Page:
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In the spotlight - Frank Angear

10 December 2018

BSIF general manager Frank Angear is set to retire after a remarkable 45-year career in health and safety. HSM sat down with him to take a look back on how the sector has changed during his career.

How long have you been with BSIF and what is your role?

I joined BSIF in February 2012, so I’ve been with the Federation for close to seven years. My position is general manager which, as we’re quite a small team, is a pretty accurate title. One of my primary roles is to act as secretariat for all our Special Interest Groups (SIGs), which are organised by product category. Each one meets between two and four times a year and I arrange meeting venues and dates, set agendas, produce minutes, manage meeting documents, etc. But otherwise my role is very general and varied, meeting with industry stakeholders to promote the interests of our members and the importance of good safety and health practices.

How did you get into the H&S industry?

I joined a company called Martindale Protection in 1973 as a trainee manager destined to take over its sales office, but after a year of training I was offered a choice of managing the sales office or getting into a sales role, and I chose the latter. The rest, as they say, is history

Why do you feel now is the right time to retire?

I’ve been in the safety and health industry for 45 years. That’s longer than the Health & Safety at Work etc. Act! I still thoroughly enjoy all aspects of my job but I figured if I didn’t actually set a date and make the change, I’d still be doing this years from now as I slowly faded away. I have other things to do with my life so I’m going to make a start on them.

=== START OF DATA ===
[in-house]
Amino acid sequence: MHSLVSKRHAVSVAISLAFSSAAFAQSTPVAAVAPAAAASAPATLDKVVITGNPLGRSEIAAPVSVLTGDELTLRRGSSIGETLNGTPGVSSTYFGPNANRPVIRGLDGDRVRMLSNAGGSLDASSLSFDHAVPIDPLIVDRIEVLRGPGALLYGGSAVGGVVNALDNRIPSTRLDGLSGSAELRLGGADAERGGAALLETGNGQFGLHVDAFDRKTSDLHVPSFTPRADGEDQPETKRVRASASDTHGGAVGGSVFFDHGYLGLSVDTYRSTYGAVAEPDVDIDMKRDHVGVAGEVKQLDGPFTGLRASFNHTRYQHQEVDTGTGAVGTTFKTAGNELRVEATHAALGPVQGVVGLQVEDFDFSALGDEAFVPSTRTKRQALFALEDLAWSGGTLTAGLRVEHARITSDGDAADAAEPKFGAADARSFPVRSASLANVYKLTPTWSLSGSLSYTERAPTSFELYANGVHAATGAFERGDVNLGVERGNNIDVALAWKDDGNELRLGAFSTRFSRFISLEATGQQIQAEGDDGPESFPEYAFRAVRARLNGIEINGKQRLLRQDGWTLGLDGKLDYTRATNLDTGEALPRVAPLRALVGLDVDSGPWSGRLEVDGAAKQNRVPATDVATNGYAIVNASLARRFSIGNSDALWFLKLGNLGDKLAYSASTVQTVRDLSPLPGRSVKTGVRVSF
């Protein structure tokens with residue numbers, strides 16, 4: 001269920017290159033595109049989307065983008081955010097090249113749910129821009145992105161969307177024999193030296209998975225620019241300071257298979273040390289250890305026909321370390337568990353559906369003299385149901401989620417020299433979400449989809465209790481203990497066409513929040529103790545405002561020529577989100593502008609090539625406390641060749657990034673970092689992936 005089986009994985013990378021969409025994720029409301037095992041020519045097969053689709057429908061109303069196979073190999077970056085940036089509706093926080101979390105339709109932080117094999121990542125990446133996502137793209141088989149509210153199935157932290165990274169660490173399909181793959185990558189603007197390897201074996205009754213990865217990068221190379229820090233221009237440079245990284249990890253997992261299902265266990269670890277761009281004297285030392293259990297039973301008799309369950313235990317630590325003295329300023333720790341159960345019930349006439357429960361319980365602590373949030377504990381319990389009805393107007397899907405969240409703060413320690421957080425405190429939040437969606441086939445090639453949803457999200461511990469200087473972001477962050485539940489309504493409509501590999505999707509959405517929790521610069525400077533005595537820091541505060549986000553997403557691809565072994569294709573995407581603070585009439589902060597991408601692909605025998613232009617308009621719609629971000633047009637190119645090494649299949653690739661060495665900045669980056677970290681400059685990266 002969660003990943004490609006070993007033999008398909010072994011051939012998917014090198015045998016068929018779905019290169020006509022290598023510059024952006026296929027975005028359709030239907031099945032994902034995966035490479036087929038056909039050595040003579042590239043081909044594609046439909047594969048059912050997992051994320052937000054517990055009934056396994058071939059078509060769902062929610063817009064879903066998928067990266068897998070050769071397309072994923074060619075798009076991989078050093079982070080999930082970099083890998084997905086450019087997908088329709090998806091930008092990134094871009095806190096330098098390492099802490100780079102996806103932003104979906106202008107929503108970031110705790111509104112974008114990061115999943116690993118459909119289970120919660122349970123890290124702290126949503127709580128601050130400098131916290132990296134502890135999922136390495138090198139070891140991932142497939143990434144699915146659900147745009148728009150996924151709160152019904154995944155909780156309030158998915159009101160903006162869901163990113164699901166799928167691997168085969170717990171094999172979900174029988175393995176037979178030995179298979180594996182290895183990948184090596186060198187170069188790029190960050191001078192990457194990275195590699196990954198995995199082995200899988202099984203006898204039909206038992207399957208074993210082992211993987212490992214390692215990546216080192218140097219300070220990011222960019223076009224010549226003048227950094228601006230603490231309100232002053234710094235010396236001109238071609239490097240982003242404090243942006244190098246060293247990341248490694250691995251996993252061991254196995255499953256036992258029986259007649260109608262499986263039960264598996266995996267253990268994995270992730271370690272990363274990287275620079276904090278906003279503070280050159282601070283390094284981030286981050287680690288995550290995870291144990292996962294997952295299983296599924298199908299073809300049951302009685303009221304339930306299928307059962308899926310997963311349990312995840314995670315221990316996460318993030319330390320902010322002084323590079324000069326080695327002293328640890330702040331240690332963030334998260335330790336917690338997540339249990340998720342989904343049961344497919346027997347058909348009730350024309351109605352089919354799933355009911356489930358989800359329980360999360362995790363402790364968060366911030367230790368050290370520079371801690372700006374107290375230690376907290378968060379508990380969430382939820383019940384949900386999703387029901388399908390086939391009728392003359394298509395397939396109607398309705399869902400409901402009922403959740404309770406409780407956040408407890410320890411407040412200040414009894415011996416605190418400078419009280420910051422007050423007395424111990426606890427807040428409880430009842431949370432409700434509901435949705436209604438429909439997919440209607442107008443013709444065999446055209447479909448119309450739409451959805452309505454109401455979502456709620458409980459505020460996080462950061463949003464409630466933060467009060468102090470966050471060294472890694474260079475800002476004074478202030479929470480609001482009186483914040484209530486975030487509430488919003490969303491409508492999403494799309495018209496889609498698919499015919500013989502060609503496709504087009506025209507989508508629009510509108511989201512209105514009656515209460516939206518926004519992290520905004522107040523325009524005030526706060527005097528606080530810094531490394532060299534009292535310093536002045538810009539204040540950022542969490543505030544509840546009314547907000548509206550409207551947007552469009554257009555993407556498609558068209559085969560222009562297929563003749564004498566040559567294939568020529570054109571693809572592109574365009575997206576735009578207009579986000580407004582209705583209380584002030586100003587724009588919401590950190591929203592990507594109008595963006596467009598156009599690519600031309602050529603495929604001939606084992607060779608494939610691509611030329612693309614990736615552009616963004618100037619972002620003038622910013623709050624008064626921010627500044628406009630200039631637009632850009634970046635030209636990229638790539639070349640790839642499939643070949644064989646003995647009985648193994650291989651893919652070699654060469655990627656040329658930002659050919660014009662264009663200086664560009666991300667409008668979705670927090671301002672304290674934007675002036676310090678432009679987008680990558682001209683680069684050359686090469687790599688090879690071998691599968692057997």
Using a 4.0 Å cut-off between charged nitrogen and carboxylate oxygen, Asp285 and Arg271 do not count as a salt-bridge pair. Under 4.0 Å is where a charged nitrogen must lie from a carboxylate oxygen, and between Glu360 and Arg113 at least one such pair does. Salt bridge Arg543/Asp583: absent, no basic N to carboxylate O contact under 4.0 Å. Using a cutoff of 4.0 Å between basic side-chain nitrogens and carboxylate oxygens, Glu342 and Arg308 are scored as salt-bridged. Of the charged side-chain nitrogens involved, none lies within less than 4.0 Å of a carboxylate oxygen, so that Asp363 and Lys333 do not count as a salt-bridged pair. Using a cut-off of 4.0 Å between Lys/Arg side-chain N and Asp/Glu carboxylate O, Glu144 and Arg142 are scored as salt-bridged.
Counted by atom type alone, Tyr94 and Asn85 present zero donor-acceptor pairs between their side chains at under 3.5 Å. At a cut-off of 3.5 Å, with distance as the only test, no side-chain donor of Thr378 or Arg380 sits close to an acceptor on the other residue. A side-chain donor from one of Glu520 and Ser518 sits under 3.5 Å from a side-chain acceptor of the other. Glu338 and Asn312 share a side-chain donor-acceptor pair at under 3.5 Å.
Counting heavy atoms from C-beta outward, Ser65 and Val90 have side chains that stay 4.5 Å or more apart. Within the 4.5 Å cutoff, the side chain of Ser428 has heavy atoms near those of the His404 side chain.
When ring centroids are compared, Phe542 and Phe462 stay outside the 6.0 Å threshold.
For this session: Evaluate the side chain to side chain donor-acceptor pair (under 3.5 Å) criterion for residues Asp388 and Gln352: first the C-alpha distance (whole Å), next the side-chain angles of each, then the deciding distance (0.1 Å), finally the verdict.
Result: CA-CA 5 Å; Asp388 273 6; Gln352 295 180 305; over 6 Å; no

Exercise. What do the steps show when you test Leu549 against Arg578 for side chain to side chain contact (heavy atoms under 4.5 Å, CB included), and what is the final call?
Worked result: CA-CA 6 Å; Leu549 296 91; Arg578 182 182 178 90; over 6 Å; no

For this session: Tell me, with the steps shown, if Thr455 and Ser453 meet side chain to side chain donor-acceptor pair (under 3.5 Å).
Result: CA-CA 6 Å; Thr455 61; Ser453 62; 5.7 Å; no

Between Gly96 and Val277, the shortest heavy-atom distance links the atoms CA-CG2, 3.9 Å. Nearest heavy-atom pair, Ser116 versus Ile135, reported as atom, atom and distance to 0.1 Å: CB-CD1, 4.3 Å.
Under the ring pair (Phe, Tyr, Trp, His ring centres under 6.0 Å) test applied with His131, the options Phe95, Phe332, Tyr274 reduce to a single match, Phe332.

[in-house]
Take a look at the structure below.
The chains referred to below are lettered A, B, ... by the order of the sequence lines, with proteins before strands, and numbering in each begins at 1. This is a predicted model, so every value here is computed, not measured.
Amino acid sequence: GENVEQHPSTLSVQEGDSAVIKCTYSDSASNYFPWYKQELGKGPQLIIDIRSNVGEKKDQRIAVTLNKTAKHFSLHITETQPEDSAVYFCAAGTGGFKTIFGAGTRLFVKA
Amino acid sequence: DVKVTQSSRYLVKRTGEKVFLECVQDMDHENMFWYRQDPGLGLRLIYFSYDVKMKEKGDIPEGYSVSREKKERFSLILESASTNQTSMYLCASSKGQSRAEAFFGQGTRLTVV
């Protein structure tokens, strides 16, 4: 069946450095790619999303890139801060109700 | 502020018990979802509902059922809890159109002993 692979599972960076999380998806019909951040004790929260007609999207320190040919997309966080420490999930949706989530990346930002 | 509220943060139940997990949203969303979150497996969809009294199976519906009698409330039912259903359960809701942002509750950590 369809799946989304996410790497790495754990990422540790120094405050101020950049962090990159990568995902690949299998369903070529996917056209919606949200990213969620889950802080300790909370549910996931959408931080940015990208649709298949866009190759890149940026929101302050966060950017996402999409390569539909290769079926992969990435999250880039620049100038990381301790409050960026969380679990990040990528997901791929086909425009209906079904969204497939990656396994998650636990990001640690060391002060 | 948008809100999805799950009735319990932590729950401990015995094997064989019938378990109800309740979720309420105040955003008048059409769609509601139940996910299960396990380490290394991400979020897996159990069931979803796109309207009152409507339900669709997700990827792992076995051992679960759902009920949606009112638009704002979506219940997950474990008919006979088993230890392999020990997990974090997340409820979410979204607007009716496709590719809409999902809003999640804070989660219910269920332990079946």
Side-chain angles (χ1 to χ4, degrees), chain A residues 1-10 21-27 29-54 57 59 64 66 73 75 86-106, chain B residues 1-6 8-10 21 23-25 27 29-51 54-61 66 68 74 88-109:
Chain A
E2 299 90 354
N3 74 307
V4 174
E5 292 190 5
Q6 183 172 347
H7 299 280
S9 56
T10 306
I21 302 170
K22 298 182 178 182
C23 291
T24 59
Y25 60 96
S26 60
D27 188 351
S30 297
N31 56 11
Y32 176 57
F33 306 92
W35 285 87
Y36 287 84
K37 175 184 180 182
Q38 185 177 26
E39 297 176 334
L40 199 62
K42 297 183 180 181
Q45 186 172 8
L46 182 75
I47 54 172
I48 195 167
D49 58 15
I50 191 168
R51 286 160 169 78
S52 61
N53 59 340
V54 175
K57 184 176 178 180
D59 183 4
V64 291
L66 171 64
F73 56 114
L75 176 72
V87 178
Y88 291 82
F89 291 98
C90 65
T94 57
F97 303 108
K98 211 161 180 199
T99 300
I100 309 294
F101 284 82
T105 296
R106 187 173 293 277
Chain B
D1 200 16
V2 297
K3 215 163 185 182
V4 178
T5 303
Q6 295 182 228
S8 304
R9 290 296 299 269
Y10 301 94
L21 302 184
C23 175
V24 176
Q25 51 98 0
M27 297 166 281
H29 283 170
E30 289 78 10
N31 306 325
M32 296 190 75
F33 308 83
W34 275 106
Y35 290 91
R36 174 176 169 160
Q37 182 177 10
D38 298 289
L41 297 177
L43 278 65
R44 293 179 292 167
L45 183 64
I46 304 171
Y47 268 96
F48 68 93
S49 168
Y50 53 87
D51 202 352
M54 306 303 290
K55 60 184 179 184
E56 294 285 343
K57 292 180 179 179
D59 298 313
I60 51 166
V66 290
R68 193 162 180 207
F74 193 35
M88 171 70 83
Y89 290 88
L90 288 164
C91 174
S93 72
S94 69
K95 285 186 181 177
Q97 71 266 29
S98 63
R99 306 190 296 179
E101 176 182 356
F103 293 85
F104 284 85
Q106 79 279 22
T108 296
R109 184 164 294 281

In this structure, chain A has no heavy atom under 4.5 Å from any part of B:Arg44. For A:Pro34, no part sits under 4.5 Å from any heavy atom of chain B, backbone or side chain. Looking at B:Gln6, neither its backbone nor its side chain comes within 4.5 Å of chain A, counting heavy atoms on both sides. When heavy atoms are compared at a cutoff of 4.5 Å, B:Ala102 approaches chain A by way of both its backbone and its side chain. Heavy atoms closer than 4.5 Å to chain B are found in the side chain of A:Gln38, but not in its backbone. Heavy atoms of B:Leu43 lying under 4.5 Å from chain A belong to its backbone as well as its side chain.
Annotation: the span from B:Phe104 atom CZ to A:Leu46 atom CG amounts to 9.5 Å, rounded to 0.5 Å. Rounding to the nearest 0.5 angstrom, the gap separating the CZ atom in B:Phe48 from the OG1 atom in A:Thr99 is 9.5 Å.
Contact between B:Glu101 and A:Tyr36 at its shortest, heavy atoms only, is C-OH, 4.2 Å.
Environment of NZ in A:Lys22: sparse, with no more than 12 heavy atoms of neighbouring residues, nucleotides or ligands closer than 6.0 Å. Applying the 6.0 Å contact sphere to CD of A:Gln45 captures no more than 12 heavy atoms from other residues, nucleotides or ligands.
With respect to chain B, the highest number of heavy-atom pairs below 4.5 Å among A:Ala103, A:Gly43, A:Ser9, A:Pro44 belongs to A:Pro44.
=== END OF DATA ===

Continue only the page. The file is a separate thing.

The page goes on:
What do you plan to do in your retirement?

I will keep active with things like walking football (very trendy) and table tennis, and I’m going to learn to play the piano. I’ve played guitar since I was a teenager so I can mess about and get a tune out of a keyboard, but I’d really like to be able to play one much better. And of course holidays will get longer and more frequent. I also have a six-year-old grandson, Eddie Frank, who I am sure will help to keep me busy.

How has the BSIF changed since you joined?

The Federation’s profile and reputation has grown, and continues to grow, significantly. Our team is larger than when I started, and will continue to increase as our ambitions stretch our resources. External relationships have enjoyed very positive development and we are more of a ‘player’ than ever before.

What are your biggest achievements?

One is getting BSIF a seat around ‘the table’. Together with our CEO, first David Lummis and now Alan Murray, and along with the rest of our team, I have helped establish our rightful place as a voice of the industry. The Federation is now automatically one of the organisations called upon for comment and input on safety and health matters.

Another is the increased support and opportunities I have helped develop for our members. Being a member of the BSIF affords a real differentiator over competitors who are not members, and by providing initiatives which clearly demonstrate an organisation’s commitment to highly ethical trading values, the BSIF is promoting quality of service and product, and driving less scrupulous operators out of the market.

Another is representing UK interests overseas, firstly as part of the UK delegation with BEIS and HSE at meetings of the PPE Working Group at the EU Commission, and secondly as UK Principle Expert at ISO meetings which develop international product standards. I’m pleased to say the set of standards I worked on are now in the final stages of completion before being published.

But the biggest one? That’s easy. It’s meeting and getting to know loads of marvellous people who I’ve become associated with over the years from such a rewarding industry, and genuinely being able to count them as friends as well as colleagues. That’s an achievement I will always remember.